The dispute between the U.S. ambassador to Russia and the Russian Foreign Ministry is no laughing matter, but it is becoming the butt of jokes in Moscow.
The latest dust-up between Ambassador Michael McFaul and the Kremlin played out on Twitter this week, after the Foreign Ministry accused Mr. McFaul of "unprofessional" behavior. It also complained that he spread "blatant falsehoods through the media."
Mr. McFaul at first defended himself, and State Department spokeswoman Victoria Nuland in Washington added that Moscow must have misunderstood the ambassador's comments last week before students at the prestigious Moscow Higher School of Economics.
By midweek, Mr. McFaul apologized, and at least one popular Internet site was running online surveys that poked fun at Mr. McFaul's lack of diplomatic experience.
Mr. McFaul, one of the chief architects of President Obama's so-called "reset" policy with Russia, was a professor of political science at Stanford University when Mr. Obama selected him last year to serve in Moscow.
His upbeat slide presentation at the school concentrated on how U.S.-Russian relations have changed during the Obama administration.
However, in questions after the slide show, he accused Moscow of bribing Kyrgyzstan with a $2 billion aid package in 2009 to encourage the former Soviet republic to evict U.S. troops from an air base used to supply NATO forces in Afghanistan.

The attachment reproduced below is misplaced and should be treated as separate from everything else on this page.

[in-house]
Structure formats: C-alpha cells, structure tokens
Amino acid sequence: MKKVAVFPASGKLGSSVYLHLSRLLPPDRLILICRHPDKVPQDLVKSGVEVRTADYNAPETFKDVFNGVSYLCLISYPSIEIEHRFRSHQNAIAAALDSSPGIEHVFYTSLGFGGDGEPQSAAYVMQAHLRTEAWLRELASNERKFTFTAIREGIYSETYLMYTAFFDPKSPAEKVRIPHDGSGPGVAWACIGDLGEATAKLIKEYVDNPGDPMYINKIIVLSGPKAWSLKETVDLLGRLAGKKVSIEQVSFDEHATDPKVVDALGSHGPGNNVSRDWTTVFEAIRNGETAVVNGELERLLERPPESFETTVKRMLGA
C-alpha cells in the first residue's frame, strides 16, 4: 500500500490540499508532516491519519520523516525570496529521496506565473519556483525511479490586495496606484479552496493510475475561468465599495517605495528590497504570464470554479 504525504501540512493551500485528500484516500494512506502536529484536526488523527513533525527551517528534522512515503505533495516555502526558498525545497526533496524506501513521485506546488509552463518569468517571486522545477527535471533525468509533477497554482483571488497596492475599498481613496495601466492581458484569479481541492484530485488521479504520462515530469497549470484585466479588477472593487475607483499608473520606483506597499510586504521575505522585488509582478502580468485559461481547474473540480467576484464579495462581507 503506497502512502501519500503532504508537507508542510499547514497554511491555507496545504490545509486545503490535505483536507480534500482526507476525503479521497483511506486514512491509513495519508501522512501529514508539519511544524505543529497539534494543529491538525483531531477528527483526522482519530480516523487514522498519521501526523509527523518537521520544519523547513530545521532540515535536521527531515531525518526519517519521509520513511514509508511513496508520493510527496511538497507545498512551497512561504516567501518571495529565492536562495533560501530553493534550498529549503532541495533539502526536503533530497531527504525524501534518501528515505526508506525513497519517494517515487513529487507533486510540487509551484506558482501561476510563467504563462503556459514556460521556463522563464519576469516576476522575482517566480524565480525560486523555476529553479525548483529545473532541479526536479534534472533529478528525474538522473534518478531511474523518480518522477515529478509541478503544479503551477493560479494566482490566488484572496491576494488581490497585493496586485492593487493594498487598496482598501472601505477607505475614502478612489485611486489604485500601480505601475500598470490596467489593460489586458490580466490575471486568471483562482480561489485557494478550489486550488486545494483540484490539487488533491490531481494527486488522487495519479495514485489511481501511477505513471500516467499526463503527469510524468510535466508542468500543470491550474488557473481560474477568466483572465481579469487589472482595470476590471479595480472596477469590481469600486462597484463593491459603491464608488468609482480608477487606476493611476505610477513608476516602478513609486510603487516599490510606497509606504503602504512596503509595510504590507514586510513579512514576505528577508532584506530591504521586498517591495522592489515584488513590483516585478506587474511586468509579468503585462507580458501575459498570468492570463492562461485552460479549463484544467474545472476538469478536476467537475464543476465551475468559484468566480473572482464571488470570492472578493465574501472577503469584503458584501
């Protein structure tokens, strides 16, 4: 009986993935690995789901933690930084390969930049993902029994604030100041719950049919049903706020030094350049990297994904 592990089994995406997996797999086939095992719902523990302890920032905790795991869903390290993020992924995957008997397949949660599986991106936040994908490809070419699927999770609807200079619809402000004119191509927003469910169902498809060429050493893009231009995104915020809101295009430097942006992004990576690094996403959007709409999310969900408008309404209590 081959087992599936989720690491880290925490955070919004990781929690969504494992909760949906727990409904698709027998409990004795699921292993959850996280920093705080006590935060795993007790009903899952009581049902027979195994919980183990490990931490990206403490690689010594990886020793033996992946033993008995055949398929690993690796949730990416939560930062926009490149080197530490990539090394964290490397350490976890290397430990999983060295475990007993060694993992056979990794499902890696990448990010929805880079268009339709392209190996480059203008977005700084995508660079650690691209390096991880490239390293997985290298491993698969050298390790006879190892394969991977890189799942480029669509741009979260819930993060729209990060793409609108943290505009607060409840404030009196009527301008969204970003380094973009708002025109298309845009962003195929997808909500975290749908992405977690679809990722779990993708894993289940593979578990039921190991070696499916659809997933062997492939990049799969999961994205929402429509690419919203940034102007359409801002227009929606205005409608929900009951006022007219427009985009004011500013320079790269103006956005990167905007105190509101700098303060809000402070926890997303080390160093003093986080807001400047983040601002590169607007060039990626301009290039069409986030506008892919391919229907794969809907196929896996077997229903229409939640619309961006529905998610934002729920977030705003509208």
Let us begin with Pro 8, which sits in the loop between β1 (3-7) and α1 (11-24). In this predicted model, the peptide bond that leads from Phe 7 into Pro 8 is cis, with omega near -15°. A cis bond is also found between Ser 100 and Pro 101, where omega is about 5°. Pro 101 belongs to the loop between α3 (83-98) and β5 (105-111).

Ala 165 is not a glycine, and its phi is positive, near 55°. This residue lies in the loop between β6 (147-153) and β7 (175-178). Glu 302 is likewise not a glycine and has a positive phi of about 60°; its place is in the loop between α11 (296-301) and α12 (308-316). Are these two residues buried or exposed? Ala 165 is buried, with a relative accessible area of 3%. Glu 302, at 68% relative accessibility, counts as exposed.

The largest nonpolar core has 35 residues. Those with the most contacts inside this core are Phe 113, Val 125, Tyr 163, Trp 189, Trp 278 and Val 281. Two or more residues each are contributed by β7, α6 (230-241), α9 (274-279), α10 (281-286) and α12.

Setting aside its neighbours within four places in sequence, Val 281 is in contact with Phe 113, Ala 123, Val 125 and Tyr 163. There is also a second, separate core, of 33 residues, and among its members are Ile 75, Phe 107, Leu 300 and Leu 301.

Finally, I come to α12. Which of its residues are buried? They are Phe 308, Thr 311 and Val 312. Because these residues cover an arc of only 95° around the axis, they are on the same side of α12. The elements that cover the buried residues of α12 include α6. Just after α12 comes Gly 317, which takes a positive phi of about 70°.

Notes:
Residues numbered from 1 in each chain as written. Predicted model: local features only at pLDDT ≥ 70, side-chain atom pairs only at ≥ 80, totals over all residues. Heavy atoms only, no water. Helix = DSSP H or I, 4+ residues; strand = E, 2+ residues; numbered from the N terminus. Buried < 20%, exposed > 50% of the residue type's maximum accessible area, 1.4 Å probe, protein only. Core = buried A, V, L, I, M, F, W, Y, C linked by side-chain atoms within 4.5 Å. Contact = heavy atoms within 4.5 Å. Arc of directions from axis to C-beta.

His blunt remarks were the latest in a war of words he has had with the Russian government and Kremlin supporters in the media since he arrived in Moscow in February. The state-owned media has criticized him for meeting with opponents of Russian strongman Vladimir Putin, but Mr. McFaul simply fought back on Twitter.
In an online poll this week, the web site LiveJournal.com asked viewers: "Does it make any sense for the U.S. government to hire a non-diplomat for a diplomatic position?"
The most popular response was: "Yes. It's more funny this way."
Asked what will happen to Mr. McFaul, most people answered: "He will go nuts and resign."
A member of the Russian parliament added that Mr. McFaul has damaged his ability to represent the Obama administration.
"It's the United States that has to decide whether they need an ambassador who won't have any influence in Moscow," Aleksey Pushkov, a member of the foreign affairs committee, said in a tweet Wednesday.
In his remarks at the school last week, Mr. McFaul said, "I won't be diplomatic. I'll say openly that your country paid off Kyrgyzstan to kick the Americans out of Manas [air base]."
He added that the United States also "offered a bribe" to the Kyrgyz government to extend the use of the facility.
After the Foreign Ministry denounced Mr. McFaul on Monday, Mrs. Nuland defended the ambassador.
"He speaks plainly. He speaks clearly. He doesn't mince words. He's not a professional diplomat," she said.
By Wednesday, Mr. McFaul apologized in an email.
"Maybe I shouldn't have spoken so colorfully and bluntly," he said.
DON'T WANT HIM
The United States has no intention of seeking the extradition of the Australian activist who released tens of thousands of classified U.S. documents and caused a diplomatic crisis around the world, the American ambassador in Canberra said Thursday.
Ambassador Jeffrey L. Bleich dismissed conspiracy theories spread by supporters of Julian Assange, the founder of WikiLeaks who lost his fight this week to prevent Britain from extraditing him to Sweden to face sex-abuse charges.
"It's not something the U.S. cares about," he told the Australian Broadcasting Corp. "I think it's one of those narratives that has been made up. There's nothing to it."
Mr. Bleich explained that if the United States had wanted to prosecute Mr. Assange, the Obama administration would have sought his extradition from Britain, where he has been living for years.
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